Like a lot of divers I participate in the diving community in several ways. One way is by serving on the Board of Trustees of the Reef Environmental and Educational Foundation (REEF). REEF’s membership is free, and we welcome anyone who cares to join.
REEF volunteers survey fish populations around the world, including many sites in California. The results are available to anyone that wants to use them, and a lot of scientists put REEF’s data to good use in a variety of ways.
Surveyors attain graduated levels of proficiency as REEF offers free courses that help volunteers learn to identify various fishes. But to get started all you have to do is be able to identify one species of fish. For most divers things don’t get much easier than that!
Just recently I took part in a weeklong survey expedition, and I really had a lot of fun. Despite having made well over 10,000 dives in my life, I found the experience to be surprisingly educational as my ability to quickly and positively identify a number of fish species increased significantly in just a few days of focused diving.
My participation in the surveying trip also served to remind me of how many different activities there are for all California divers to participate in. Personally, I almost always have a camera in my hands when I dive. Other divers find their primary source of diving enjoyment in exploring shipwrecks, spearfishing or otherwise collecting game. Still others find technical diving and the opportunity to expand their horizons by using mixed gases and rebreathers to be their thing. Perhaps your thing will be to increase your diving skills by becoming a divemaster or mastering the entire skill set needed to become an instructor. Or perhaps you will want to work with another organization that enables volunteer divers to help protect and conserve our waters.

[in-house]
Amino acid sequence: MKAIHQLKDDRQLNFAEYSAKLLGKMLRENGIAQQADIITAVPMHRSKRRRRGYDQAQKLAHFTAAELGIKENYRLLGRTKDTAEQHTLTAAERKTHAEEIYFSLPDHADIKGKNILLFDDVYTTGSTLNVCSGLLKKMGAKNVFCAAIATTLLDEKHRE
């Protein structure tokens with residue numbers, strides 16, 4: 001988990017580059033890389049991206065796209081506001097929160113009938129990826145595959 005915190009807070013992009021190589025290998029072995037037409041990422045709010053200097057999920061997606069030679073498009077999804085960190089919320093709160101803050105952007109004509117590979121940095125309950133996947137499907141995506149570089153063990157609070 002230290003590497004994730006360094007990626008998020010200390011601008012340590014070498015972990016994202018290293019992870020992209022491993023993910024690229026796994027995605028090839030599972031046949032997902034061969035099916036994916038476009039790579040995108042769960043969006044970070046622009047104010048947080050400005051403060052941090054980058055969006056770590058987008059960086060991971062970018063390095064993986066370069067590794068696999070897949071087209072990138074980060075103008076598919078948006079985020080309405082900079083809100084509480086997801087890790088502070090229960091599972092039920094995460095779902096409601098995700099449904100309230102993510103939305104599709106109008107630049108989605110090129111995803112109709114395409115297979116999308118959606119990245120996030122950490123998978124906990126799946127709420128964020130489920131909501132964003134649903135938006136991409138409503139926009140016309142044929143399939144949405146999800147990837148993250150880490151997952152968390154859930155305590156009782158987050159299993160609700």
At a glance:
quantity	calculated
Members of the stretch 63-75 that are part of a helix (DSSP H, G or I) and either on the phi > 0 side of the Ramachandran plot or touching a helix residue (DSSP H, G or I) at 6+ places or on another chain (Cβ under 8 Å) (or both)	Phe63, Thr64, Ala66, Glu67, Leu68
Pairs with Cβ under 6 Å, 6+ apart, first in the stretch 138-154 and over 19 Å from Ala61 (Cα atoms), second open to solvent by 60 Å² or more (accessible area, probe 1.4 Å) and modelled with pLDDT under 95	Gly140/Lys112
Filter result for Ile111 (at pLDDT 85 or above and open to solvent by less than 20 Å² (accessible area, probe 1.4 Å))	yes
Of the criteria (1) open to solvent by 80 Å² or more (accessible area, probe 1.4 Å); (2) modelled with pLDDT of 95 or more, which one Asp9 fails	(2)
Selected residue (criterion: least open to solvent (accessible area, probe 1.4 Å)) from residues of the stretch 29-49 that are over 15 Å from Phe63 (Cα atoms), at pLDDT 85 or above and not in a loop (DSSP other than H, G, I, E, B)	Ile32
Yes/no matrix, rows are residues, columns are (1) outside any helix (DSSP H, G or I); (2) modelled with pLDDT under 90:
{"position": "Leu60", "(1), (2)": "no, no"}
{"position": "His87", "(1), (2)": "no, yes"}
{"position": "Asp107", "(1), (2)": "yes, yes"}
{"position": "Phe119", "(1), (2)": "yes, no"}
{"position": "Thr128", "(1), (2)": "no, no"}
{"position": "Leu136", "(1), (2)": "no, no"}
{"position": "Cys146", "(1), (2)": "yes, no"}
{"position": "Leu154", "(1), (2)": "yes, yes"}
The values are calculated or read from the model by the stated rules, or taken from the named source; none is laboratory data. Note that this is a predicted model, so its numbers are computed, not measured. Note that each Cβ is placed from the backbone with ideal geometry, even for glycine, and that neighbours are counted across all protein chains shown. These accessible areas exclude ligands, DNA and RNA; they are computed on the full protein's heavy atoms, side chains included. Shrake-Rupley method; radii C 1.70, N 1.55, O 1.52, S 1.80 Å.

A lot of studies have shown that divers that participate in some activity during their dives go diving more often and stay active far longer than divers that only suit up and go for a swim. Well, lucky us! We have a lot of choices that can be easily fulfilled.
When new divers get certified, instructors usually remind them that their initial scuba course is just the beginning — a license to learn. My recent REEF trip reminded me of the truth in that statement.